My kids have all played soccer and even when they didn't score a single goal all season, the kids on the team all got a trophy, especially when they were little.  I think this is the most ridiculous statement to our children -- "Thanks for participating, and just for doing so, we are giving you a trophy."  What does that say to the teams or children that truly excel, the ones that really earned the trophy? 

At the risk of sounding like an old person, I see so much laziness in many young people today.  My younger kids all have awards ceremonies at the end of the school year.  They are very long, as the parents listen to all the awards of all the kids.  Some of these awards are truly praiseworthy, and others, frankly, are unbelievably stupid.  It's the participation awards that get me.  Why are we praising these kids for having the opportunity to participate in an activity?

Right about now is a great time to mention that my children are so far from perfect, and half the time I have no idea what I'm doing as their parent.  But I look at so many young people and know that I don't want my children to take what they have for granted.  I don't want them to feel like their value or self esteem comes from what other people think of them.

So this leads me to the question, is it a good thing that we are praising them for every little thing they do?  Will they ever learn how to deal with criticism?  Will they learn how to fail and how to succeed -- both with grace?

This friend I was talking with this week was telling me about a guy that her husband had hired to help him with a project.  He was 22 and insisted that he couldn't work at certain times (his girlfriend didn't like it), along with a number of stipulations for his boss!  Can you imagine telling your boss all the things you require in order to work for him?  He obviously felt "equal" to his boss, even superior.

This leads me to a side discussion concerning informality in our American culture.  Children being treated as "little adults."   They are not adults.  And children calling adults by their first name, in my opinion, is wrong.  It does not encourage respect and has a very negative effect on the respect children have for adults, or the lack thereof.   I could never have imagined calling my friends' mothers by their first names as a child.   That would have been incredibly disrespectful.  Even this migration to adding "Miss" in front of a first name, it just shows that we are more lax than we used to be.  It puts children and adults on the same level.  I understand with close family friends, but I believe it should not extend outside of that.  Before we moved to Texas, the schools my children were attending in NM were beginning to start using the "Miss" in front of their names instead of the formal "Mrs." and their last name.  I am relieved that our school district is "old-fashioned" and the children are even encouraged to use "ma'am" and "sir."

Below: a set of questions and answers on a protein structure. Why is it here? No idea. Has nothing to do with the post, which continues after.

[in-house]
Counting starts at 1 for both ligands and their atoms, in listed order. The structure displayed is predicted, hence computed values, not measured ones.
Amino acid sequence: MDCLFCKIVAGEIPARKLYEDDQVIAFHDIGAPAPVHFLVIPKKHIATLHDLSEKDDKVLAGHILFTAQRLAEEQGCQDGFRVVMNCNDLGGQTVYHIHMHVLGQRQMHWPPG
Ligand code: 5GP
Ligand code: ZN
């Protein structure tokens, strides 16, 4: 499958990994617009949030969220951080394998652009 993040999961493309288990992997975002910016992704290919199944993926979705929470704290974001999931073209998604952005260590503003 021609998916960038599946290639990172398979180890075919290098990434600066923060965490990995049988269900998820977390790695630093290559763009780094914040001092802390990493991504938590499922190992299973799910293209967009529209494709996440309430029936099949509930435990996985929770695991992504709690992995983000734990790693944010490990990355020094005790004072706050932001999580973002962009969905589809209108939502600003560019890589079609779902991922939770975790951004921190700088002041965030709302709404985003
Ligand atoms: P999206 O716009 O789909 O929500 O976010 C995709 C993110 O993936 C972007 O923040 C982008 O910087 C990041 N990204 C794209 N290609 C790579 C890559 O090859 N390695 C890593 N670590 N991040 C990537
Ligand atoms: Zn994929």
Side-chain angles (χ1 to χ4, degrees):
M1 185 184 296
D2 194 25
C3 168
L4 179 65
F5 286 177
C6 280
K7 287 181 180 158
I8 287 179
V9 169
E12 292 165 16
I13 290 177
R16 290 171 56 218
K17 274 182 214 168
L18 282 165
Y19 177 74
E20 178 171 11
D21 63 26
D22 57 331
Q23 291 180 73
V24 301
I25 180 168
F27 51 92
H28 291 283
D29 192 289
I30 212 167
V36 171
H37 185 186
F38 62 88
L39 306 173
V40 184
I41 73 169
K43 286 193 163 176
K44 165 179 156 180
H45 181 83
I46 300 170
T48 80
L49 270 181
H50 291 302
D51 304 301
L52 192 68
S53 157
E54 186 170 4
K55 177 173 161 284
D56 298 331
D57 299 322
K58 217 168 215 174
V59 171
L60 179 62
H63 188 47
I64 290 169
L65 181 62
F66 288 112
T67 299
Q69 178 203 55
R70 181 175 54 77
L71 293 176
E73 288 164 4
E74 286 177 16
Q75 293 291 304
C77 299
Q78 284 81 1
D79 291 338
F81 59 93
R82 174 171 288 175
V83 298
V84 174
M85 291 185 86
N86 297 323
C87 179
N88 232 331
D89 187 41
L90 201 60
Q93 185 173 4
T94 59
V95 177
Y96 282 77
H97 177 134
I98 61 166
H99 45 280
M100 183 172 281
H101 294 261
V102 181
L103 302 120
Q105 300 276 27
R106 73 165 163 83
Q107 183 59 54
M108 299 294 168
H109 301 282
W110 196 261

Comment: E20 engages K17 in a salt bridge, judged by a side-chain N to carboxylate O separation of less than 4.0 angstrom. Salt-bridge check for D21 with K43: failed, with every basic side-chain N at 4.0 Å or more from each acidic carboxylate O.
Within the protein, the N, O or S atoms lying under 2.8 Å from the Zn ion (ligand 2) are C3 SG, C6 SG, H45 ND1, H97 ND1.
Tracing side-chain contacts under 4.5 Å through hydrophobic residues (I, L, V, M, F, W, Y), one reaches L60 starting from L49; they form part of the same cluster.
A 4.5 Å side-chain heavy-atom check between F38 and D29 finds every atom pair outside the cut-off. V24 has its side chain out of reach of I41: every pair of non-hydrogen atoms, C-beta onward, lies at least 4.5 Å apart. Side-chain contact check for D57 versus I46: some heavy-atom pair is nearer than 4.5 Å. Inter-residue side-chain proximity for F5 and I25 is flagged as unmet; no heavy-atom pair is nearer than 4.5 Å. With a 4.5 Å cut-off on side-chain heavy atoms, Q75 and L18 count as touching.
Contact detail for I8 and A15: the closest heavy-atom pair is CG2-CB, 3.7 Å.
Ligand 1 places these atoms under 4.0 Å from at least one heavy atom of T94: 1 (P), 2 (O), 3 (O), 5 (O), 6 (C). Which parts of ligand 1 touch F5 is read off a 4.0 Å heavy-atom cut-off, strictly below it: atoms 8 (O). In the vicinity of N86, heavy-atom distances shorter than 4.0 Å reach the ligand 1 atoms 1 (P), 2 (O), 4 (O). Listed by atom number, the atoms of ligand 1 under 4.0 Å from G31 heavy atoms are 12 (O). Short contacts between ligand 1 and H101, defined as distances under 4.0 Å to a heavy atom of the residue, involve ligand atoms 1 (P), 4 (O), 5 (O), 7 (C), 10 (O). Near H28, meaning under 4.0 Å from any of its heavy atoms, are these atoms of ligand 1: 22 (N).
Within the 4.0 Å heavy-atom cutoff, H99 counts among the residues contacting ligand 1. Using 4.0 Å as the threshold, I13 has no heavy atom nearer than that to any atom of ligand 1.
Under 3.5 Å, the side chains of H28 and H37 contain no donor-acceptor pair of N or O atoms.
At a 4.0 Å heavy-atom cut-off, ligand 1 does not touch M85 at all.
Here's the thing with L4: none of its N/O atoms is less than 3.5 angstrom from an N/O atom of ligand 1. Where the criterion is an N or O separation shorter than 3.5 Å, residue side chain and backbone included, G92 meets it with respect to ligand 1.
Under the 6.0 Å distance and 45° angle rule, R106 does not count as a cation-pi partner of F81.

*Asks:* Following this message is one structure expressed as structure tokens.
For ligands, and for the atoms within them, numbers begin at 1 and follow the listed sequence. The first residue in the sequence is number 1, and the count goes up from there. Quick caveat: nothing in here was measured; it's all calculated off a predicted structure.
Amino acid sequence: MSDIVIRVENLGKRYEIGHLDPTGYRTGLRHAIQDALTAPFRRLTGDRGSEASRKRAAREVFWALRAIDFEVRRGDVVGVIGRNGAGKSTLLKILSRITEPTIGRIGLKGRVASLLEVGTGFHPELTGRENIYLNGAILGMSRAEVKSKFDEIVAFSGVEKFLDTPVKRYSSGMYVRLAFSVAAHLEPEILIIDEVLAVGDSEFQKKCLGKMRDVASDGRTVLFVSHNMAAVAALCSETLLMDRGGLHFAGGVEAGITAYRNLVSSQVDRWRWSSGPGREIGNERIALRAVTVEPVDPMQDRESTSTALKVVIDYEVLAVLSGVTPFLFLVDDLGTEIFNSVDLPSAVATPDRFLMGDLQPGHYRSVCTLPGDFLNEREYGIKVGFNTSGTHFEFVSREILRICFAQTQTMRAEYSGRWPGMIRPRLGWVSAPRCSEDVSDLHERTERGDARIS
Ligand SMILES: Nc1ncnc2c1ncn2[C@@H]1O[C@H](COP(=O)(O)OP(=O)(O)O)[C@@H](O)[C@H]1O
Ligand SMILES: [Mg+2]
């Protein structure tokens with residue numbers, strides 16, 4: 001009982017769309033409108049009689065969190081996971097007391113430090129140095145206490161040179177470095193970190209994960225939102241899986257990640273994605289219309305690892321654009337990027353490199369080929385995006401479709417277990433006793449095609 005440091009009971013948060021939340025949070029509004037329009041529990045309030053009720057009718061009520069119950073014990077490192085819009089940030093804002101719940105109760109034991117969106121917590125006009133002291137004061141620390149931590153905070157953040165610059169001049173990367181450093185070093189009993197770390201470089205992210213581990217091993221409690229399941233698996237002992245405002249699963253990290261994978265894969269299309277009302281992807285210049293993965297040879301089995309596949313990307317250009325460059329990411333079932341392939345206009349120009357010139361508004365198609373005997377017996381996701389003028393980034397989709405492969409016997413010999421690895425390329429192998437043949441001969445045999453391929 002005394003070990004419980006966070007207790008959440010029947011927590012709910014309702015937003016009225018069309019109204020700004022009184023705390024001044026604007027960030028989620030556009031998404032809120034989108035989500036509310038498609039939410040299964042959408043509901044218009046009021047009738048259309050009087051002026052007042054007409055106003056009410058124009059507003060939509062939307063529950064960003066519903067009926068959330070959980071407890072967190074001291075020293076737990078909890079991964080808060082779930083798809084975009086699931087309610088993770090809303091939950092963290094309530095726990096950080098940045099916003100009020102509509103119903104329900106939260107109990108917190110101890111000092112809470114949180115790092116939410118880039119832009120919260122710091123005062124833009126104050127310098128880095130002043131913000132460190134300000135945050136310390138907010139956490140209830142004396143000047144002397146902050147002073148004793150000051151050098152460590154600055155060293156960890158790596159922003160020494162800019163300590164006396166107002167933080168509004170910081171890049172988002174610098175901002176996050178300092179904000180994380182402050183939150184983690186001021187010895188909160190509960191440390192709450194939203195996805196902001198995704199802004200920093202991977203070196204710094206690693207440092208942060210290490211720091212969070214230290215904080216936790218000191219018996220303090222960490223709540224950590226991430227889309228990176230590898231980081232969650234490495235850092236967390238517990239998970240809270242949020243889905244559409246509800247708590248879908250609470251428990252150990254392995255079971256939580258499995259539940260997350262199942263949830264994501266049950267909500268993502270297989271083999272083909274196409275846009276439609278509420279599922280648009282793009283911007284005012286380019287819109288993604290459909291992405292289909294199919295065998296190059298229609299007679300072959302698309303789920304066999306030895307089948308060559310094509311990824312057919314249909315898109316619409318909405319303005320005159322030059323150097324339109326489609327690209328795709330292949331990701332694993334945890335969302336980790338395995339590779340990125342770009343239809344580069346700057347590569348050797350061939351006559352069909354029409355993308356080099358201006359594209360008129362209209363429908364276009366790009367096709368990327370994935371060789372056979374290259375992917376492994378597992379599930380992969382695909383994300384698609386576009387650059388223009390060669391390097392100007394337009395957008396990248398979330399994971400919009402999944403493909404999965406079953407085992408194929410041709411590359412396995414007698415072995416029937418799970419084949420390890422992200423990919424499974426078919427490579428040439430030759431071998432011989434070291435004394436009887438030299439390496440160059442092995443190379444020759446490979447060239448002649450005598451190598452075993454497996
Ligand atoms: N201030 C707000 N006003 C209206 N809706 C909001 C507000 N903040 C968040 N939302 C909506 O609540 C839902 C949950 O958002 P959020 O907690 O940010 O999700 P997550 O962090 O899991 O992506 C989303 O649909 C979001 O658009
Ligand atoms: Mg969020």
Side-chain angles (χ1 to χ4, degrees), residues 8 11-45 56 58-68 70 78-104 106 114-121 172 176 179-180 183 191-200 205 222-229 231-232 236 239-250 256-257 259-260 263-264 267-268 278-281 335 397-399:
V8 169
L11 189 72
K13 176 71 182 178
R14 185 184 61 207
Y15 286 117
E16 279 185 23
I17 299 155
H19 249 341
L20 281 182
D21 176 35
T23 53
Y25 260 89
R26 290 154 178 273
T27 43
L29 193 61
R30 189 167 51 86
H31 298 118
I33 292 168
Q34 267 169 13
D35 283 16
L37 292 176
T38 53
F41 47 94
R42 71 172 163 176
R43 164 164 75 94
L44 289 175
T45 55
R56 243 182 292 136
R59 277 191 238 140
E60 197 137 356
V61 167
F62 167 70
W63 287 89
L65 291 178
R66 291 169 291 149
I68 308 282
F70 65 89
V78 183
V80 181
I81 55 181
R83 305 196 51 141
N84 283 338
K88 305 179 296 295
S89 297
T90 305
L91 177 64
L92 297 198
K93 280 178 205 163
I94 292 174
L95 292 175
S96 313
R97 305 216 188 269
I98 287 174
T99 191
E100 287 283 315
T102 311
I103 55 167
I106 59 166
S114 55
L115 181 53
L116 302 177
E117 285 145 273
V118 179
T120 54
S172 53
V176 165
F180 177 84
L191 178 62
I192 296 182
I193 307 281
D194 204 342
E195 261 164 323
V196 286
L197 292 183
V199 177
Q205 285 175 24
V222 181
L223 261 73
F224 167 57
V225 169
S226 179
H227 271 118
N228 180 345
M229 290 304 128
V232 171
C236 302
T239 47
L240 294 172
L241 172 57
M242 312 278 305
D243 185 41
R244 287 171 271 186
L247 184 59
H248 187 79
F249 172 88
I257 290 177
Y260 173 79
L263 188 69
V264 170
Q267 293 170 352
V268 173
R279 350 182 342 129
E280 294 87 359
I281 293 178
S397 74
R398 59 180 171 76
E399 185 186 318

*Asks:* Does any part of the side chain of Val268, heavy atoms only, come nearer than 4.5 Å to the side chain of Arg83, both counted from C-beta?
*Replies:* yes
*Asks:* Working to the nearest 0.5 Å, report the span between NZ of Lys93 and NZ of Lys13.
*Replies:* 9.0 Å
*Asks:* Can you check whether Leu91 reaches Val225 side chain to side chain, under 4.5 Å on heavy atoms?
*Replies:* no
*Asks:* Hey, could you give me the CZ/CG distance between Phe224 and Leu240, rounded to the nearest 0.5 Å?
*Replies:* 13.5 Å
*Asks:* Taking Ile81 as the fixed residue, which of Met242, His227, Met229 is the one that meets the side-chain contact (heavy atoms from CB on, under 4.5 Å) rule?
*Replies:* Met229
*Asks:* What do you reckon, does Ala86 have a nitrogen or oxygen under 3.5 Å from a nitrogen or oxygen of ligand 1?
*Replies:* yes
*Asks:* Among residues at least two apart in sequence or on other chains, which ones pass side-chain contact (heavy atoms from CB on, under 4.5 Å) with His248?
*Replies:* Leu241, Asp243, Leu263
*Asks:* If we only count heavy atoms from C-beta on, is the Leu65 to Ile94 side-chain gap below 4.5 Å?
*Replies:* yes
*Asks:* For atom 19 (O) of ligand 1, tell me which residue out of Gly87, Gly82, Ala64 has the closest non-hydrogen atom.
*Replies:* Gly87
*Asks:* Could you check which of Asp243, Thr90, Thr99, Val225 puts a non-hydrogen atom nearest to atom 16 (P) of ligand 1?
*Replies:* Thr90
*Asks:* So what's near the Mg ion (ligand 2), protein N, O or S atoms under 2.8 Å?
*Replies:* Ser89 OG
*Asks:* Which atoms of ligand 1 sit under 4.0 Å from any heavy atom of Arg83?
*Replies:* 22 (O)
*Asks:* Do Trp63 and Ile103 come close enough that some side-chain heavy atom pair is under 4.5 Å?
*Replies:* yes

Since I'm on a roll... 

Men don't wear suits to work anymore (OK, my husband does, but many are not required to anymore).  My dad would never have allowed his employees to not wear suits to work.  He was bothered by the shift to business casual and felt it was a huge mistake.  I think he was right.  He was a CPA and so is my husband. 

People wear jeans to church, like they are going to a BBQ or to the movies.  Dressing up shows respect.  Respect for our ourselves, our work and for our Lord.  Why do we have to be so relaxed about everything in our lives?  It spills over into disrespect for the things that really matter.

I also worry about this next generation not being able to communicate.  The texting and Facebooking is the main way my 14-year-old son communicates with nearly everyone.  We have many conversations about it, but it's hard for him to put it down.  I worry about addiction to these devices.  It's rude and disrespectful to answer a phone call or text while talking to someone else, and yet, we all do it. 

We all have so many distractions demanding our attention all the time.  We become consumed with me, me, me.  Not just the next generation, but all of us.  Fortunately, the older we are, the more we remember how it used to be.  This generation doesn't know how it was.  It's up to us, the ones who believe that more formality in our culture was a good thing.  Respect.  Dignity.  Thinking outside ourselves. Who's with me? Or is this what turning 40 does to you?

Thursday, January 13, 2011

Tarrant County Birth Network Meeting Tonight -- Topic: Pre & Post-Natal Fitness

I know, I know, I should have put this up earlier.  Hopefully you've seen it elsewhere and are planning on coming.

Our topic tonight is Pre & Post-Natal Fitness.  Maggie Grayson, owner of Stroller Strides in Mansfield, Arlington, and Hurst, will be speaking.  If you've never heard her speak before, she is a delight.  So full of energy and passion for what she does.  She is also a homebirthing mama after a c-section with her first.  (She is currently pregnant with her 3rd.)

In addition, Michelle Huynh is a yoga teacher that will be sharing her wisdom with us on the subject.  In my world, she's quite famous.  I've had several students that take yoga from her and they all rave about her.  I'm looking forward to hearing from her tonight.

We are also starting to do door prizes and Alexa Gumm, Chapter Leader, is on this.  Girls, you can't believe the stuff she has gotten!  She's after some big things.  It's fun to see these products and support the vendors that support Mother-Friendly Childbirth by supporting the local organizations such as the Tarrant County Birth Network.  Michelle and Maggie have both generously contributed tonight, and Earth Mama Angel Baby has donated a beautiful postpartum gift as well.